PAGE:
Kenny (goofynerdk) wrote,

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A High-Minded Literary Discussion

What? Have you got a problem with the title of this post? Whatchagonnadoaboutit, huh?


Normally I have to work on Saturday mornings, but circumstances conspired to give me today off. So, my sister and I went hunting for used books. First, we went to Plano (a town rather east of here), since the Plano library was having a used book sale. On the way back, we also stopped off at a used bookshop in Sandwich (a town not-quite-so-rather-east of here as Plano). Between them, I managed to buy eighteen books for under fourteen dollars, so I think I made out pretty well.

Here is a list of the books I got, arranged pretty much by size, as it's the order in which they were recently stacked:

1. I Kid You Not - Jack Paar
2. MAD's Snappy Answers to Stupid Questions - Al Jaffee
3. Anne of Green Gables - L. M. Montgomery
4. The Dialogues of Plato - (various translators)
5. Help! I'm a Prisoner in a Chinese Bakery - Alan King
6. The Mayor of Casterbridge - Thomas Hardy
7. Dolphin Island - Arthur C. Clarke
8. The Castle of Llyr - Lloyd Alexander
9. The Book of Three - Lloyd Alexander
10. Physics of the Impossible - Michio Kaku
11. The Trumpet of the Swan - E. B. White
12. All About Ham Radio - Harry Helms
13. An Almanac of Liberty - William O. Douglas
14. The Constitution: That Delicate Balance - Fred W. Friendly and Martha J. H. Elliott
15. Exploring the Great Rivers of North America - (National Geographic)
16. The Arbor House Treasury of Modern Science Fiction - eds. Robert Silverberg and Martin H. Greenberg
17. Dilbert: Thriving on Vague Objectives - Scott Adams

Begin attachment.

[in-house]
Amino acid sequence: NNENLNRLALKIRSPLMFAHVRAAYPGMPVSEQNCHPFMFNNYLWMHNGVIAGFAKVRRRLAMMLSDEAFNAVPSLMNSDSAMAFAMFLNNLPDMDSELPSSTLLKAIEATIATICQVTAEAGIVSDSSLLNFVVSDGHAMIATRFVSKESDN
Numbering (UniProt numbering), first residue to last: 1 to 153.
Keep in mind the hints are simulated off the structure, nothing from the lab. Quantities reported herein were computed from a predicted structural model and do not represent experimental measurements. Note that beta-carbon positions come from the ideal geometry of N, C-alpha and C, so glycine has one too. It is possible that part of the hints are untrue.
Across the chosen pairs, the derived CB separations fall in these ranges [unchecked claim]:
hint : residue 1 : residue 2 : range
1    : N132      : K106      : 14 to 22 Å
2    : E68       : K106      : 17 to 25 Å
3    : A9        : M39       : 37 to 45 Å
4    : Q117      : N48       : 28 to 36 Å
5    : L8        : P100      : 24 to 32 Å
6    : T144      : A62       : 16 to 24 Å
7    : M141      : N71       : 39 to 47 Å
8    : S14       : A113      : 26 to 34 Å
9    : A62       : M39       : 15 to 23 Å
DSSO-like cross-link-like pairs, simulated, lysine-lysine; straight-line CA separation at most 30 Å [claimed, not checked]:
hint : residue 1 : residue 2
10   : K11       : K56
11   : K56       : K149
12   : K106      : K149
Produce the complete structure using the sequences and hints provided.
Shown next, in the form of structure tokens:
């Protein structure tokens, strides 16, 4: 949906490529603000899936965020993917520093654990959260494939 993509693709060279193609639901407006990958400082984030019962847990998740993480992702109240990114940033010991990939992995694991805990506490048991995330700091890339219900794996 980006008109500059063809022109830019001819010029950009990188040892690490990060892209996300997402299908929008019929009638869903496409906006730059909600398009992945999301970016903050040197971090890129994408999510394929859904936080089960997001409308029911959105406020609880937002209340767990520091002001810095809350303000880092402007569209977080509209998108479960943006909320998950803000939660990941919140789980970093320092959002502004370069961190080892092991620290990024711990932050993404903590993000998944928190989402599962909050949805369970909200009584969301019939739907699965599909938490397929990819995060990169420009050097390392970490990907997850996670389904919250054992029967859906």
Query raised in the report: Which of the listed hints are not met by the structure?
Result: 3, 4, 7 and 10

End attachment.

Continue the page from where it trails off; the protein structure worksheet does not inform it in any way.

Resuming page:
18. Cultures of the World: Scotland - Patricia Levy

Any themes here? (Other than that I refuse to grow up, pretty much for the same reason as why I didn't often act like a kid when I was one. ...Apologies if that last attempt at a sentence was mangled beyond recognition.)


I was working through my copy of Emerson's writings, but I arrested my progress in that for a while. I had just finished his essay "Prudence," which I thought was uncommonly insightful, and so before moving on, I decided I wanted to go back and reread it, and take notes on some of the more interesting passages. So I set it down until I had the time to do so. That was about a month ago, now. Never put off until tomorrow...

It's a shame, too, especially given the news that a previously-undiscovered work by Emerson has just been found and is about to be published. Have you heard about this? Apparently, a few years after Thoreau published Walden, Emerson was also inspired to try his hand at life in the woods. He set out for Nutting Lake, a bit east of Concord, Massachusetts, and wrote about his experiences living in a cabin near its shores. Every once in a while, to keep up his sociable nature, he would head to the nearby town for company. He befriended a few street magicians there, who fascinated him with their showmanship and ability to entertain a crowd, so much so that Emerson began practicing some basic tricks and sleight-of-hand himself. He actually got pretty good at it, too. He ended up including a large part of his town life in his writings.

The working title of the book is rumored to be Emerson: Lake and Palmer.


I also started rereading the Harry Potter books a few weeks back. I think I've only read the whole series through once or twice, so it was my intention to read slowly and thoroughly; now that I know the grand scheme, I want to get a better appreciation of the finer details. But Rowling's writing is so engaging that I find it hard to slow down sometimes. I was reading Goblet of Fire last week, I think, and I got to the part where the champions are in the tent just before the first task, and then Harry is alone in the tent, waiting for his turn, and suddenly I had to stop reading. My heart was racing. I had to close my eyes, take a deep breath, and remind myself that it wasn't *me* about to face the dragon.

Of course, Goblet of Fire is the first book in the series where I usually start crying at some point before the end, and the series only intensifies in that respect from here on out. I finished it last week, then gave myself some time off before tackling Order of the Phoenix, but I've basically been dragging my feet the last few days and need to get back on the job.

But a few more interpolations couldn't hurt...
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